[5] https://usn.ubuntu.com/usn/
jonetsu
2017-12-10 18:08:54 UTC
Permalink
On Sun, 10 Dec 2017 18:30:05 +0100
Post by Ralf Mardorf
This is not correct, security upgrades are not supported for every
repository [1], let alone that there could be regressions for security
reasons.
That's very probably right. I do not know how Linux Mint depends on
Debian. It could be quite heavily. Fortunately, security is not the
prime concern. Just basics. I considered several times to go with
Arch Linux. I used to build my own Linux systems using BLFS but those
were the days. So much time not making music. Arch Linux seems to
offer a good stance but then again, I can't at the moment estimate the
time that would be required to move to Arch Linux and the problem
associated with the move to get everything going. Days ? A week ?

Cheers.
Ralf Mardorf
2017-12-10 18:22:55 UTC
Permalink
Post by jonetsu
On Sun, 10 Dec 2017 18:30:05 +0100
Post by Ralf Mardorf
This is not correct, security upgrades are not supported for every
repository [1], let alone that there could be regressions for
security reasons.
That's very probably right. I do not know how Linux Mint depends on
Debian. It could be quite heavily. Fortunately, security is not the
prime concern. Just basics. I considered several times to go with
Arch Linux. I used to build my own Linux systems using BLFS but those
were the days. So much time not making music. Arch Linux seems to
offer a good stance but then again, I can't at the moment estimate the
time that would be required to move to Arch Linux and the problem
associated with the move to get everything going. Days ? A week ?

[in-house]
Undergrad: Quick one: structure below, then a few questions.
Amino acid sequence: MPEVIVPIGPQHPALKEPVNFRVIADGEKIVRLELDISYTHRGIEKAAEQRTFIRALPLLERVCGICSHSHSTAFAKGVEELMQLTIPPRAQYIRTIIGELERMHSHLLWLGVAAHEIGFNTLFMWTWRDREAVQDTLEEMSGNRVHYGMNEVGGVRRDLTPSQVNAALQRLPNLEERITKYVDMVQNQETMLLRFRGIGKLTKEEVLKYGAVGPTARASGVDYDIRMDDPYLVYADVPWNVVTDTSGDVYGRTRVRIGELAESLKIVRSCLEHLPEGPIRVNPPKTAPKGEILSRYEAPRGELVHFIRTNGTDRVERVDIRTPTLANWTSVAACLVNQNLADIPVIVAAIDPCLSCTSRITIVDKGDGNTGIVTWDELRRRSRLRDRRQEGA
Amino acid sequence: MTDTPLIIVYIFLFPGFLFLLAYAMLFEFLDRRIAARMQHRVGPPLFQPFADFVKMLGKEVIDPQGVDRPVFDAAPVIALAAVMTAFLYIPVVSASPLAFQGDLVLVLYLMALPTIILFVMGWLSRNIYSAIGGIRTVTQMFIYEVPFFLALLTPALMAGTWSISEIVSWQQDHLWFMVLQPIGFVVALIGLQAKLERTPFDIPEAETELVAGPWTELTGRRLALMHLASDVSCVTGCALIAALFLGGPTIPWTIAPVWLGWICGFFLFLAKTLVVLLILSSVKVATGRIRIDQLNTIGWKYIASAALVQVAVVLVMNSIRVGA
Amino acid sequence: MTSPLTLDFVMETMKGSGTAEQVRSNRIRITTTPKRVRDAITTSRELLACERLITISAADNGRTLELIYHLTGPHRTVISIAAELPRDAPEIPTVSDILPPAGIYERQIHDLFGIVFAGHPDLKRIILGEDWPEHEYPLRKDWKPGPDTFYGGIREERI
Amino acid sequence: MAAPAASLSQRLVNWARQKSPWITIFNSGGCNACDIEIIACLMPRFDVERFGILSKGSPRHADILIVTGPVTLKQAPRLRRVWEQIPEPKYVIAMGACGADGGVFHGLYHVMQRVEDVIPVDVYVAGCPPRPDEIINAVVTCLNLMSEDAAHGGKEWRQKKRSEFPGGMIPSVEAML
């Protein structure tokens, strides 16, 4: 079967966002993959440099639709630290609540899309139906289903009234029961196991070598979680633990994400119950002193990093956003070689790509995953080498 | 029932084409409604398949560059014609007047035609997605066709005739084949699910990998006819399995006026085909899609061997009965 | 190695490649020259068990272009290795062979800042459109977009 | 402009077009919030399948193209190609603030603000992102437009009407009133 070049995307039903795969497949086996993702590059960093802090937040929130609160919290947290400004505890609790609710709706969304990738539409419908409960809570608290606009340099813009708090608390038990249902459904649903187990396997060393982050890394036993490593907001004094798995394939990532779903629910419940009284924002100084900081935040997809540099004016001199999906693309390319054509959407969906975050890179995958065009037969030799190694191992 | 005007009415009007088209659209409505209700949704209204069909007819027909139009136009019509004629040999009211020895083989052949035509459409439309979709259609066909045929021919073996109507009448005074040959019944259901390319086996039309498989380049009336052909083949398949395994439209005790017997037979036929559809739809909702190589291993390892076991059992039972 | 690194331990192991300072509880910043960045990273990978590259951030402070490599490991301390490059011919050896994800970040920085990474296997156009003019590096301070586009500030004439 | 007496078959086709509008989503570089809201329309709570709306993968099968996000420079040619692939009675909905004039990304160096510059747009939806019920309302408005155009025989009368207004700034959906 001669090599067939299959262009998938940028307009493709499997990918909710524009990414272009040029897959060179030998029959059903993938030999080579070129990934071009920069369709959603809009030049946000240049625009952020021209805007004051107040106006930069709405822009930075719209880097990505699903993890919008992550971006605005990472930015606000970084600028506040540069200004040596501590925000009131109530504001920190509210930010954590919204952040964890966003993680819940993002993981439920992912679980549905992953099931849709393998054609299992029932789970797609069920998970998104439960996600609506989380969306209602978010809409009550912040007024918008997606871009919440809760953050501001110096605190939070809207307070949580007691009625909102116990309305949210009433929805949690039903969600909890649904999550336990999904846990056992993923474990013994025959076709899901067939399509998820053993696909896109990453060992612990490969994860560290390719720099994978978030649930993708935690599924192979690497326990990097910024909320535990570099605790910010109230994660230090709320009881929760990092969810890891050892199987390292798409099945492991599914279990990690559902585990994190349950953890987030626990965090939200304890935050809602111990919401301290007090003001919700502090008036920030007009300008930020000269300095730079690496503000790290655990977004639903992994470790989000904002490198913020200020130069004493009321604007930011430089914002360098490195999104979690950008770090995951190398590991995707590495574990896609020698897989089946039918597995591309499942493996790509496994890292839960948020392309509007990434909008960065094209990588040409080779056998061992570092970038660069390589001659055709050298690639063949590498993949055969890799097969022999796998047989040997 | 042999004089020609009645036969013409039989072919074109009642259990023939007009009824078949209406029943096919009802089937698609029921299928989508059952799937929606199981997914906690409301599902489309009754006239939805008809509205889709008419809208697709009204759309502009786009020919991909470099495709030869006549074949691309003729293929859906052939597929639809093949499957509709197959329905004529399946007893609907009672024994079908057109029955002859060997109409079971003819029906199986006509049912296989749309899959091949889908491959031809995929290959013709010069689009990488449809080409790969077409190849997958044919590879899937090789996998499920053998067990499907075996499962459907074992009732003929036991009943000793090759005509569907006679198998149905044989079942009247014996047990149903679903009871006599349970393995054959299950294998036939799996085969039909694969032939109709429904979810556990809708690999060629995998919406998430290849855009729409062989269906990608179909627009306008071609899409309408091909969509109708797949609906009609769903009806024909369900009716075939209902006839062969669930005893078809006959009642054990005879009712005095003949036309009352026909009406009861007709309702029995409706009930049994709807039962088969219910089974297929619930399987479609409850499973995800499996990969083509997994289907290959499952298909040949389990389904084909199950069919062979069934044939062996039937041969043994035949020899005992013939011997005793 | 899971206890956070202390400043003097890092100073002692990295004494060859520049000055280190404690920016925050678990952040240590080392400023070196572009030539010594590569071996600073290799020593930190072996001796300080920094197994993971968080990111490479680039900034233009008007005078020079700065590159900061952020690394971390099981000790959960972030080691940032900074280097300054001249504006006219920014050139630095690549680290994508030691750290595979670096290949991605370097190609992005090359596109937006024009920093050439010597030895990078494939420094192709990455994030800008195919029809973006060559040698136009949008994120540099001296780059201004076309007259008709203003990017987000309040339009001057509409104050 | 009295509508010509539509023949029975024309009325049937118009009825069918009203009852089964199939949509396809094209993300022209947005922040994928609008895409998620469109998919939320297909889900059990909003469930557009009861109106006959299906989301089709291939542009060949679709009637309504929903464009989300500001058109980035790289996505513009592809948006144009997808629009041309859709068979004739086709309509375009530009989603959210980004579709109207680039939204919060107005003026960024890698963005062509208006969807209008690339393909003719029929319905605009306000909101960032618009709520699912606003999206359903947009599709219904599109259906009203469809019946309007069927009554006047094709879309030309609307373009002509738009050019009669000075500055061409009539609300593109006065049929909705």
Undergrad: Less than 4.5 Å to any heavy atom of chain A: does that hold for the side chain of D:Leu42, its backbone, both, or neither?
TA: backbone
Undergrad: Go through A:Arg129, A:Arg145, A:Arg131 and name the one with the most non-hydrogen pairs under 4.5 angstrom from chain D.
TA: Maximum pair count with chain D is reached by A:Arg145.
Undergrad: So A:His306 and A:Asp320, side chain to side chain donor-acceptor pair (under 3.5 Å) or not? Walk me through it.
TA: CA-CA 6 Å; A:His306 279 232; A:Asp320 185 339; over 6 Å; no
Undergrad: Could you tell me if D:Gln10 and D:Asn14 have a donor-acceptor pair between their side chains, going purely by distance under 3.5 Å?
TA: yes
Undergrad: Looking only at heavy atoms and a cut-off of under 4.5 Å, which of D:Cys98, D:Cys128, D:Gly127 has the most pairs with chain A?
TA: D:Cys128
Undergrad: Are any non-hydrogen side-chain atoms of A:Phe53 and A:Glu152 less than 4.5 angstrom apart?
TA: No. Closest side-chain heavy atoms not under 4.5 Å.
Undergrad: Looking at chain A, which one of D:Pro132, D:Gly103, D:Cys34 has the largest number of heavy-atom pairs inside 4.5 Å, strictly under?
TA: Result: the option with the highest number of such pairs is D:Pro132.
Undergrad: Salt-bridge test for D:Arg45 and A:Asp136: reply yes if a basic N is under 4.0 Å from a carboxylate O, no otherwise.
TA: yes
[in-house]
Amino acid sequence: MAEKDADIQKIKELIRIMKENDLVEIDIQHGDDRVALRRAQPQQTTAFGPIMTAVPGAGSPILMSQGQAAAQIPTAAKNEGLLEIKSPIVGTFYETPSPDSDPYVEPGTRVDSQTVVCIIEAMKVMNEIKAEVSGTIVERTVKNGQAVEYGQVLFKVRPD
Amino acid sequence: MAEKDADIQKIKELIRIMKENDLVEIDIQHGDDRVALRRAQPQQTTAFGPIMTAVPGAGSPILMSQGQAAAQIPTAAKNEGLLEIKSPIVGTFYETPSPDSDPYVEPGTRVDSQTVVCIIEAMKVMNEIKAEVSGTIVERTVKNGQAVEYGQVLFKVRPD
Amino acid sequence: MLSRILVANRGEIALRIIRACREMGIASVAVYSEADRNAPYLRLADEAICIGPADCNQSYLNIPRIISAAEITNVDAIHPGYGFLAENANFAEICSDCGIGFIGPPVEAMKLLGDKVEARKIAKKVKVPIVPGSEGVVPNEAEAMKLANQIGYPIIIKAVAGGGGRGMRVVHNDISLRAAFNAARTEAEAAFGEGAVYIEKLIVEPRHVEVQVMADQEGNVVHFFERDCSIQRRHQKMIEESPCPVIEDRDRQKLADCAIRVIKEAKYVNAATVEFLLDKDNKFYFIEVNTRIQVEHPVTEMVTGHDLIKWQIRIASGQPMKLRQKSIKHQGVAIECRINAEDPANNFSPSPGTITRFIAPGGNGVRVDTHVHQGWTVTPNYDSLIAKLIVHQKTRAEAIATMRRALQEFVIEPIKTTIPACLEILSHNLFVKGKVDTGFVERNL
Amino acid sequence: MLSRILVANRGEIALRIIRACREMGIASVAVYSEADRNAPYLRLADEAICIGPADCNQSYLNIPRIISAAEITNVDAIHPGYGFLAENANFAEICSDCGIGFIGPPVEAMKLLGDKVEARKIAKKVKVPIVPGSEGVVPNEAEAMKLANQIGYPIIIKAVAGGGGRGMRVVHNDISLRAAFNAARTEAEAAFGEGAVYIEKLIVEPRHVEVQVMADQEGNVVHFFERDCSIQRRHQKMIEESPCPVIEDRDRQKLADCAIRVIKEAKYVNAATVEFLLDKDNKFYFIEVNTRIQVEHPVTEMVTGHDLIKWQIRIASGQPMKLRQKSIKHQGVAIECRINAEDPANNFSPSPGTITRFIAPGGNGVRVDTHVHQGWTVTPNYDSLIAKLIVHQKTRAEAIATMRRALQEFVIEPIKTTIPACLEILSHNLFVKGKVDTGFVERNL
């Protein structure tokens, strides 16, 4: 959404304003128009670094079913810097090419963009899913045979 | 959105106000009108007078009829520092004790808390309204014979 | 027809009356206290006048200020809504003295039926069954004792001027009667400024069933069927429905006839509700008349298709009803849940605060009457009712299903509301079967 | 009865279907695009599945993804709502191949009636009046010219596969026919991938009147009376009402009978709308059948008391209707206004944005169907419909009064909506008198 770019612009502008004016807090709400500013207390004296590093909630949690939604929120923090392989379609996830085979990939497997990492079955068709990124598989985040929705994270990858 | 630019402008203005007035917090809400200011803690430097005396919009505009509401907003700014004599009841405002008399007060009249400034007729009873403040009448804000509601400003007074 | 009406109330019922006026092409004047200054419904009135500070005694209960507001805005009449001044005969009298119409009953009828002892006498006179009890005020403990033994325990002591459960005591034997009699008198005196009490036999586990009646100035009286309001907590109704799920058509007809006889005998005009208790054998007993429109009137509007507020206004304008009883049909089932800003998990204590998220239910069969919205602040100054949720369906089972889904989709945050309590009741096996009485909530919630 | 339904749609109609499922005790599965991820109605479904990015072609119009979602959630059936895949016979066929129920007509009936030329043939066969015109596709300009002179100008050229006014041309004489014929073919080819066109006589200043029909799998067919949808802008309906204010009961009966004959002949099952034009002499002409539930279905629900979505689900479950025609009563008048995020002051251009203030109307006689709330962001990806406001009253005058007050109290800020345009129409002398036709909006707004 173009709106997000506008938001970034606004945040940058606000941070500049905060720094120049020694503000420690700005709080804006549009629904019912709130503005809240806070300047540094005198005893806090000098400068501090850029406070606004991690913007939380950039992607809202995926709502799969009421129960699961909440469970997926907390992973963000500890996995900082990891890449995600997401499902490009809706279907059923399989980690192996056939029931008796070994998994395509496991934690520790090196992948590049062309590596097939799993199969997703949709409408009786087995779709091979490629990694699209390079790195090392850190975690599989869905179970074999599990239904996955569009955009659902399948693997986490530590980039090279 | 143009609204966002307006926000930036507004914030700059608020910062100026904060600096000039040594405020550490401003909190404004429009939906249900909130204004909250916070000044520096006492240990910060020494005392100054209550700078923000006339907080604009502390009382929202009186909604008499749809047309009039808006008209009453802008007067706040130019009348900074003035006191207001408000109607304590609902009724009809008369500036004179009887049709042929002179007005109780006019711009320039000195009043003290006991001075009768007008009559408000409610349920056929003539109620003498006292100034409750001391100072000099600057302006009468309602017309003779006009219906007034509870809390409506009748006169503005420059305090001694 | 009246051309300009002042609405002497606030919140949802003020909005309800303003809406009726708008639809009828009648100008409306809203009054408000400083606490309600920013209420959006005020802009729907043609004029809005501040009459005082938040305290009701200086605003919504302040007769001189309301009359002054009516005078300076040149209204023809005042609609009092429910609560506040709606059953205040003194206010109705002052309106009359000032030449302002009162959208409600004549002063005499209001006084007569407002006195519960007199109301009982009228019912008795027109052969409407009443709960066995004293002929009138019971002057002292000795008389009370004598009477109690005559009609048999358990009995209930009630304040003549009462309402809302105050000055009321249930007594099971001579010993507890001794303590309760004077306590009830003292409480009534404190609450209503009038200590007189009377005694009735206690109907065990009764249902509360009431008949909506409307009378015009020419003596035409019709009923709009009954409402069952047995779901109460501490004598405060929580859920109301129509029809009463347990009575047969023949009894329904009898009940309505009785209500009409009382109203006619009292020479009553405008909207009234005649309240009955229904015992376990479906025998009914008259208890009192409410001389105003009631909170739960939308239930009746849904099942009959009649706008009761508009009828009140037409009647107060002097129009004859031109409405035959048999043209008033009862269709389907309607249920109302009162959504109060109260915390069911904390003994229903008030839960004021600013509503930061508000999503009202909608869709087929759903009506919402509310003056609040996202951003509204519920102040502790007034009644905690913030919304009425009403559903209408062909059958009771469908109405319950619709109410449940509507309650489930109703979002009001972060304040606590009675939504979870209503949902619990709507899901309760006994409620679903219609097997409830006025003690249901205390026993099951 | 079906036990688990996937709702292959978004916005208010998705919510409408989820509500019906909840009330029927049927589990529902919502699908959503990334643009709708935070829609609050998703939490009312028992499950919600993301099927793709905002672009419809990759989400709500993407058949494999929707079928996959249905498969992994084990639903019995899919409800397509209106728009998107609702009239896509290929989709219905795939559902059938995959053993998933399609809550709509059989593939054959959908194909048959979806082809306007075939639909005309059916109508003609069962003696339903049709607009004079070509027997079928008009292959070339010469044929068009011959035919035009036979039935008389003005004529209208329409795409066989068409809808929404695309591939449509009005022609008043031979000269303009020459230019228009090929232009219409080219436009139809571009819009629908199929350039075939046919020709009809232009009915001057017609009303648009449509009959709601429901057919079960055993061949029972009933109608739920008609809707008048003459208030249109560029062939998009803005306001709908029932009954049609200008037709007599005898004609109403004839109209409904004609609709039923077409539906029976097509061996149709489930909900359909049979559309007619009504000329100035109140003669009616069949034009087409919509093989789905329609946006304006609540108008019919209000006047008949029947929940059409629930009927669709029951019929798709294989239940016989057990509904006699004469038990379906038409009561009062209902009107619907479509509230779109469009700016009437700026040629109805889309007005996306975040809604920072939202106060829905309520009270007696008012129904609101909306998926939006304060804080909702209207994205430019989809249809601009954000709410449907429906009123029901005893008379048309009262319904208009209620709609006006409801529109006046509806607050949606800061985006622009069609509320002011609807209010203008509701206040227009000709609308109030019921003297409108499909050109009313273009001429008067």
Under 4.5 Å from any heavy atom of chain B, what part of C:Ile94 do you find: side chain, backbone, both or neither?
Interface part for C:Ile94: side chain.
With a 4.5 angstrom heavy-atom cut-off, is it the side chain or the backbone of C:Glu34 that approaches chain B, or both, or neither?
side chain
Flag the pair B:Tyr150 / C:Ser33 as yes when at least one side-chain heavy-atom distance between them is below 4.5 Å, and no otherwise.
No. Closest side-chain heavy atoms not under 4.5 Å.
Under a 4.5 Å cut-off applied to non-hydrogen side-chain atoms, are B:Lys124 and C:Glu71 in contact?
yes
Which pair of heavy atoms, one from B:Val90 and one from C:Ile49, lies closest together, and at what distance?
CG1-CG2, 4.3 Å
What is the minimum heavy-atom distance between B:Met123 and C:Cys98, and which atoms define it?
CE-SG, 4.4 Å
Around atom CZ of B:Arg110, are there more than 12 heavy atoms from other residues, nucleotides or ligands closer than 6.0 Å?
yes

Indeed, to tailor a Linux install could be time-consuming. I did this
when I was jobless and I notice that my full-time job nowadays makes it
hard to maintain my tailored Linux installs, let alone to use them to
make music. Anyway, if you are willing to install a DE and you don't
want to tailor your whole Linux install, than the transition to Arch
shouldn't be too time-consuming for you. Linux novices should stay with
Ubuntu and derivatives for a few years, before migrating to Arch Linux.
However, it at least takes days to migrate from one to another distro
and honestly, it's more safe to expect that it takes weeks, at least if
you shouldn't be 20 years young, but in my age > 50 years "young".
Ralf Mardorf
2017-12-10 18:36:45 UTC
Permalink
I do not know how Linux Mint depends on Debian.
My apologies for confusing you by mentioning Debian sid. IIRC nowadays
Mint is based upon Ubuntu. The policies I mentioned are Ubuntu
policies, let alone that the links are Ubuntu related links ;).
However, take a look at the Debian tracker, for example
https://tracker.debian.org/pkg/jackd2 . At the right side you could see
that Debian at least is partial the upstream for Ubuntu and Ubuntu
derivatives.
Anders Hellquist
2017-12-11 14:13:17 UTC
Permalink
This is indeed a question one have to ask from time to time.

I have been running kxstudio for a very long time and are in the process of
changing some of my music related machines from 14.04 which is the latest
official falktx distro